Israel's tycoons -- a score of people and families who control vast swaths of the country's $220 billion economy -- face a future of fewer possibilities as the government took its first step on Monday toward limiting their freedom of action.
Long-waited recommendations by a government panel chaired by Finance Ministry Director-General Haim Shani on what is popularly known as economic concentration were unveiled at a press conference in Jerusalem. The measures included rules that will limit the size and scope of business empires, increase the rights of minority shareholders and put a brake of the size of top-executive salaries.
Economic and social issues have pushed their way to the forefront of Israeli politics over the last weeks as calls for social justice drew hundreds of thousands to weekly rallies and protest-tent cities mushroomed across the country. Indeed, the Shani committee addressed such sensitive issues that the press conference was opened by Prime Minister Binyamin Netanyahu, Finance Minister Yuval Steinitz and Bank of Israel Governor Stanley Fisher and was broadcast live on television.
With consumers in a fighting mood and tycoons and policy makers nervous that populist measures might undo Israel's booming economy, the three took pains to emphasize that all sides of the wealth divide would gain.
"This is a blessing for the average citizen because he can go to the supermarket and pay less. There will be less concentration and more competition," Netanyahu told reporters. But he added: "We don't want to hurt the ability of business to expand. Business people drive the economy, create workplaces and are critical for Israel's economy."
The Shani panel was formed in 2010 -- long before the tent cities sprouted -- to grapple with what many regard as the preponderance of power exercised over the country's economy by the so-called business tycoons. They include people such as Nochi Dankner, whose holdings spread across businesses like supermarkets and insurance to Yitzhak Tshuva, who has interests in real estate and energy.
One measure of the extent of concentration is that the market capitalization of the top 10 companies on the Tel Aviv Stock Exchange (TASE), which is the combined value of all their shares, makes up 41 percent of the market's entire value. In Switzerland it's less than 30 percent and in Britain less than 5 percent.
Not surprisingly, shares on the TASE fell on the news even as the country's economic leaders assured the public that the recommendations had been carefully weighed and would be good for the economy.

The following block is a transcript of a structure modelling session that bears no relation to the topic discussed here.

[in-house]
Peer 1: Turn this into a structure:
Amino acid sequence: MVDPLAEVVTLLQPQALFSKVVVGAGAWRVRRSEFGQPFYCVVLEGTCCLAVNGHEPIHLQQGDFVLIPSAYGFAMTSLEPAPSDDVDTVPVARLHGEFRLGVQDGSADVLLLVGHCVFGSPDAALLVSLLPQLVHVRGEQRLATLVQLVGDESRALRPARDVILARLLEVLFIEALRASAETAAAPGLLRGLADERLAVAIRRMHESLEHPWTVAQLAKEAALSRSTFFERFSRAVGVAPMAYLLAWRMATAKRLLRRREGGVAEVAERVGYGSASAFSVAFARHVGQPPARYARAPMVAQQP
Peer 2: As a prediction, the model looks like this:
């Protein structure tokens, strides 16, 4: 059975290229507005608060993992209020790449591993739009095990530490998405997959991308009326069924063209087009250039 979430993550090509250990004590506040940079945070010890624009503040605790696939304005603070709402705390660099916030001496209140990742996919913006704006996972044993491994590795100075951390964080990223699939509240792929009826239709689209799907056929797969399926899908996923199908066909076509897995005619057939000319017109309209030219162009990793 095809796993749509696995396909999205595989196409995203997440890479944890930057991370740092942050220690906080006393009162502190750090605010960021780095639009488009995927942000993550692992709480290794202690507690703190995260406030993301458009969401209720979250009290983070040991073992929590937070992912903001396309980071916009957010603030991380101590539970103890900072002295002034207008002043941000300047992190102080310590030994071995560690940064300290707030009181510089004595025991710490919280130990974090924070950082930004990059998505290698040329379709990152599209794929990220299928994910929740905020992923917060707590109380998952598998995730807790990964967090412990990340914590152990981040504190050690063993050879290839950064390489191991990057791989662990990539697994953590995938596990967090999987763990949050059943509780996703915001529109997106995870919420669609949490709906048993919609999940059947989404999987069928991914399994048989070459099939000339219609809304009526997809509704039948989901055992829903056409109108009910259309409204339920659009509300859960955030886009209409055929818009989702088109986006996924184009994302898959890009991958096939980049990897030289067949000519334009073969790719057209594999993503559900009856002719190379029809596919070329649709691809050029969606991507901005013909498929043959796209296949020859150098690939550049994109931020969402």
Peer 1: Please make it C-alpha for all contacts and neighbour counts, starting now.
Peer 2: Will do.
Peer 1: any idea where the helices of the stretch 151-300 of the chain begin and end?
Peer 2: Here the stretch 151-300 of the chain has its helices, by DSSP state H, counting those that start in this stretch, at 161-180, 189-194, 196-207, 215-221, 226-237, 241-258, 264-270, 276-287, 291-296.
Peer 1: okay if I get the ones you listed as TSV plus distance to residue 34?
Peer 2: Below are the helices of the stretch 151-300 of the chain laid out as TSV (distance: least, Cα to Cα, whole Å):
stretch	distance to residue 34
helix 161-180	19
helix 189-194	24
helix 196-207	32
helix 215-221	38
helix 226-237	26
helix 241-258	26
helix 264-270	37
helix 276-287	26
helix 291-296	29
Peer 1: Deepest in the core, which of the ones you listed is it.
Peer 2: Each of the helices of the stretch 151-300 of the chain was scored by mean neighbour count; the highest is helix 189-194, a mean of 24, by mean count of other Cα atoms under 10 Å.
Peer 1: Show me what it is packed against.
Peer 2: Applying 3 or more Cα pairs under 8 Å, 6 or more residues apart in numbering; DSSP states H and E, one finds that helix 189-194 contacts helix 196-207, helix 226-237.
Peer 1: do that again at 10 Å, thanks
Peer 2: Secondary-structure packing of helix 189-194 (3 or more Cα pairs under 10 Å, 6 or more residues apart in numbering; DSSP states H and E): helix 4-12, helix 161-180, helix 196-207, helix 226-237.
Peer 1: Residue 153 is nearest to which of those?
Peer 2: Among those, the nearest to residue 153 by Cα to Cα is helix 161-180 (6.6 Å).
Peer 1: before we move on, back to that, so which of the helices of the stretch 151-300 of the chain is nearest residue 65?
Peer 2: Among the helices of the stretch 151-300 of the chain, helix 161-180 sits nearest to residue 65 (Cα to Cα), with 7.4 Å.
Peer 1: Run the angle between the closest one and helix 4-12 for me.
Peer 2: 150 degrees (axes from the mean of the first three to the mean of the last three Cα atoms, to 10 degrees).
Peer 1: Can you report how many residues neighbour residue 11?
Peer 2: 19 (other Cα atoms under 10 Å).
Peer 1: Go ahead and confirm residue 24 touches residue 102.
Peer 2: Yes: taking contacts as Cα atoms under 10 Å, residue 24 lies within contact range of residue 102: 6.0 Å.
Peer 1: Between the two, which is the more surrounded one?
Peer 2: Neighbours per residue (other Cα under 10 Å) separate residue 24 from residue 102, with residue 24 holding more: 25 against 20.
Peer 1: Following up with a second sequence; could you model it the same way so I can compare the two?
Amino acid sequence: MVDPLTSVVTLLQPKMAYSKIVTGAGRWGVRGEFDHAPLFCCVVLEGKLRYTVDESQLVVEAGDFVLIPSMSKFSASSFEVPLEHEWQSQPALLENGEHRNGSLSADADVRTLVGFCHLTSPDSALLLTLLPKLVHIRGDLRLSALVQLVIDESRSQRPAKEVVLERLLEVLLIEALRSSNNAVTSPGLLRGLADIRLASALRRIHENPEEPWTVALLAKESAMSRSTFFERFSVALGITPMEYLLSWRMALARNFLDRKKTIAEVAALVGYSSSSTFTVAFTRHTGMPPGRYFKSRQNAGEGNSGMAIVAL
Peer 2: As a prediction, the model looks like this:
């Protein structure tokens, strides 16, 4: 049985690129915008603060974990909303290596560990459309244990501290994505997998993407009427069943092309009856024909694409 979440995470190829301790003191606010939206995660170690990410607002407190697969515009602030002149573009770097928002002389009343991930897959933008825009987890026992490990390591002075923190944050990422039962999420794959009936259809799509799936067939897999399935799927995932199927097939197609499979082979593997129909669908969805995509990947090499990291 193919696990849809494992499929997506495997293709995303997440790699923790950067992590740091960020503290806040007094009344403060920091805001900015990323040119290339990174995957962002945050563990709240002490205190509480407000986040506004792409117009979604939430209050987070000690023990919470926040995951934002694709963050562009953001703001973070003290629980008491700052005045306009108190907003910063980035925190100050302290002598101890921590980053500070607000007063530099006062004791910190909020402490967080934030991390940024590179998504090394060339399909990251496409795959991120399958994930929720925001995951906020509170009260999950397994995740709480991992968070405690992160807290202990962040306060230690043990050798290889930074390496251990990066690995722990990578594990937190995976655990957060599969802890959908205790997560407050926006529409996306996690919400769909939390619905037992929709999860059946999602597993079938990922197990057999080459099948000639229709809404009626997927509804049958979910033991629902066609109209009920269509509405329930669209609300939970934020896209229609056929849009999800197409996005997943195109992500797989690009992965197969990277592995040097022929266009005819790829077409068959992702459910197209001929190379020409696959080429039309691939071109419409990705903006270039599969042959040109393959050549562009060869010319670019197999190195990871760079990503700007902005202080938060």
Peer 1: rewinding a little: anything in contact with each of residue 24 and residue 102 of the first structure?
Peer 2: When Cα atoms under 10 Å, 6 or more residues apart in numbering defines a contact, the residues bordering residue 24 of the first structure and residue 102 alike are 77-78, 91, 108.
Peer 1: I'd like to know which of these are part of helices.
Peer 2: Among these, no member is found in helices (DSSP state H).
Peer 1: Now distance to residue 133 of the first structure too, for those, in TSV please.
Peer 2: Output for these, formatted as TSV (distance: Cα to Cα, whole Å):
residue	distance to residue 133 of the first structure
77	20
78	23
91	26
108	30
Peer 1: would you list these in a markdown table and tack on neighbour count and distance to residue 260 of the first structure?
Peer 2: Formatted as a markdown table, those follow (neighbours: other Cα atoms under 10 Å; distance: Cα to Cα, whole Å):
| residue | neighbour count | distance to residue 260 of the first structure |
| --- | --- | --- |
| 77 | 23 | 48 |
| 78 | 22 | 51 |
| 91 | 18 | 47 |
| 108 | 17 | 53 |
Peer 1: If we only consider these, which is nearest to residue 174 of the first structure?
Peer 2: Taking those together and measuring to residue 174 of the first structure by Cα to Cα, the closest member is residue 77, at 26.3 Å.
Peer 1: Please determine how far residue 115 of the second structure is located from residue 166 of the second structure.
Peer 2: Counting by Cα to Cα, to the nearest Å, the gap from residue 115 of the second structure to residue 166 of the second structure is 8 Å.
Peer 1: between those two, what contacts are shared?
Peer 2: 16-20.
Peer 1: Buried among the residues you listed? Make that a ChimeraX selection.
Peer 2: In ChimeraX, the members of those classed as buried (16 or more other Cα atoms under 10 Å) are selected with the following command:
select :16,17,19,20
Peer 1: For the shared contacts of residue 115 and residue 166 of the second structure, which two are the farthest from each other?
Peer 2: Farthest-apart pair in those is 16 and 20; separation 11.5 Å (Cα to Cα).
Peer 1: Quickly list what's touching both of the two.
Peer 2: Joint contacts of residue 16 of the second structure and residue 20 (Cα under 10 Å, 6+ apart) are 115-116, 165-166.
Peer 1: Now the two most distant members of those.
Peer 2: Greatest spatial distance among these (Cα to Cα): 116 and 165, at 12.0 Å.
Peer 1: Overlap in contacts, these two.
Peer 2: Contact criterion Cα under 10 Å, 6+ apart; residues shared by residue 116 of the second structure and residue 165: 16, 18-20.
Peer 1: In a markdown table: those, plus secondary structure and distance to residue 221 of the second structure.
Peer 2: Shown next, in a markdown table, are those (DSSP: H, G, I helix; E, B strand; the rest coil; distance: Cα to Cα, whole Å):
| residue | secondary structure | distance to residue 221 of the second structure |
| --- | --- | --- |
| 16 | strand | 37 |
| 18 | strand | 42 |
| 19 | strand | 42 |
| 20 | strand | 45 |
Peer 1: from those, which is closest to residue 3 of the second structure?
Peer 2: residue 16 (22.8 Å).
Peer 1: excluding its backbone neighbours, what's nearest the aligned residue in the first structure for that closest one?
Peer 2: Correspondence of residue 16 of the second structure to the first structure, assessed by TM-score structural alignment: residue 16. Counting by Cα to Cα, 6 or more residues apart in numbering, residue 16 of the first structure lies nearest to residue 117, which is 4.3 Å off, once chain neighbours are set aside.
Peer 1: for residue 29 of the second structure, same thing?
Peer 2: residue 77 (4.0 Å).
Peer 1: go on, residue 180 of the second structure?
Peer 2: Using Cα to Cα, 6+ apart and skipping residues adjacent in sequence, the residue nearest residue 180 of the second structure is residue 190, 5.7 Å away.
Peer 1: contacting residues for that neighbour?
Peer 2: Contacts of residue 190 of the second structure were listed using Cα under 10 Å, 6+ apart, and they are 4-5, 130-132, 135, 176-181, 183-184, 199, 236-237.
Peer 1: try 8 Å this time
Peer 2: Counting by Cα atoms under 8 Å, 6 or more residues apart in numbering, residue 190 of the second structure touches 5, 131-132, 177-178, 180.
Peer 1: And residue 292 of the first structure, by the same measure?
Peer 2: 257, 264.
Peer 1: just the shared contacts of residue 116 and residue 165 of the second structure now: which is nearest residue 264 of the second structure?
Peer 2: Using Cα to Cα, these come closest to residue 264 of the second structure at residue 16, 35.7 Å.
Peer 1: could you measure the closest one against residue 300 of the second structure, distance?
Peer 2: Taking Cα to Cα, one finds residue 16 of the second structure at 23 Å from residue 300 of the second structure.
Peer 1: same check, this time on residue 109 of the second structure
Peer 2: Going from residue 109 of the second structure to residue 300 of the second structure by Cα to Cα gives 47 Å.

The tycoons' elaborate holdings and the way they are structured, as pyramids of companies, are often blamed for the high consumer prices that have earned Israeli consumers' wrath. The Shani committee backed that view, saying that the tycoons' holdings and their preference for pyramids created conflicts of interest, discouraged competition and risked succumbing to a financial meltdown.
Among the principal recommendations is a ban on major companies -- defined as having eight billion shekels ($2.2 billion) in sales or a balance sheet of 20 billion shekels ($5.4 billion) -- from also controlling a bank or other financial institution. The ban would extend to tycoons who control a major company personally from owning a financial institution.
"Separating holdings between financial and non-financial companies is essential for creating a more competitive market, as well as addressing the issue of complex structures and pyramids," Steinitz said.
If enacted, the measure would strike at a favorite practice of the country's business chieftains. Danker would be required to sell his giant Clal Insurance unit and Tshuva his Phoenix Assurance business. But Shari Arison, daughter of cruise magnate Ted Arison, will likely be able to keep Bank Hapoalim and her real estate company Property & Building Ltd.
The tycoons will have to contend with more independent boards of directors, with proposed rules requiring that a third of their members be independent outsiders. Top managers' salaries will have to be approved by minority shareholders. Fund managers will be required to take a more active role at shareholders meetings.
Other proposals chip away at the pyramids without actually banning them altogether. Tycoons' freedom of maneuver to buy and sell companies in their pyramids would be constrained as would their rights to create new ones. Access to credit would also be subject to new rules.
The tycoons also face a tougher time winning government contracts. Under the Shani recommendations, officials will have to take into account competition issues when they award contracts for build-operate-transfer (BOT) projects. BOTs are infrastructure projects such as roads or tunnels where the government awards a private company the right to build and operate for a specific number of years before it is handed over to the state.
The tycoons have time to fight the recommendations. The interim report will be handed in in three weeks and another three months will pass, including hearings, before the final recommendations are completed, the committee said. They then have to go to the cabinet and the Knesset, Israel's parliament, for approval.
A second panel, chaired by economist Manuel Trajtenberg and formed in direct response to the social justice protests, is also due to report its recommendations Sept. 29. Media reports have said the panel will, along other things, propose raising the taxes of the upper class and middle class in order to fund new social programs such as compulsory education for 4-year-olds, widening negative income tax in order to prevent poverty in two-salary homes and entitling middle class families to rent control.
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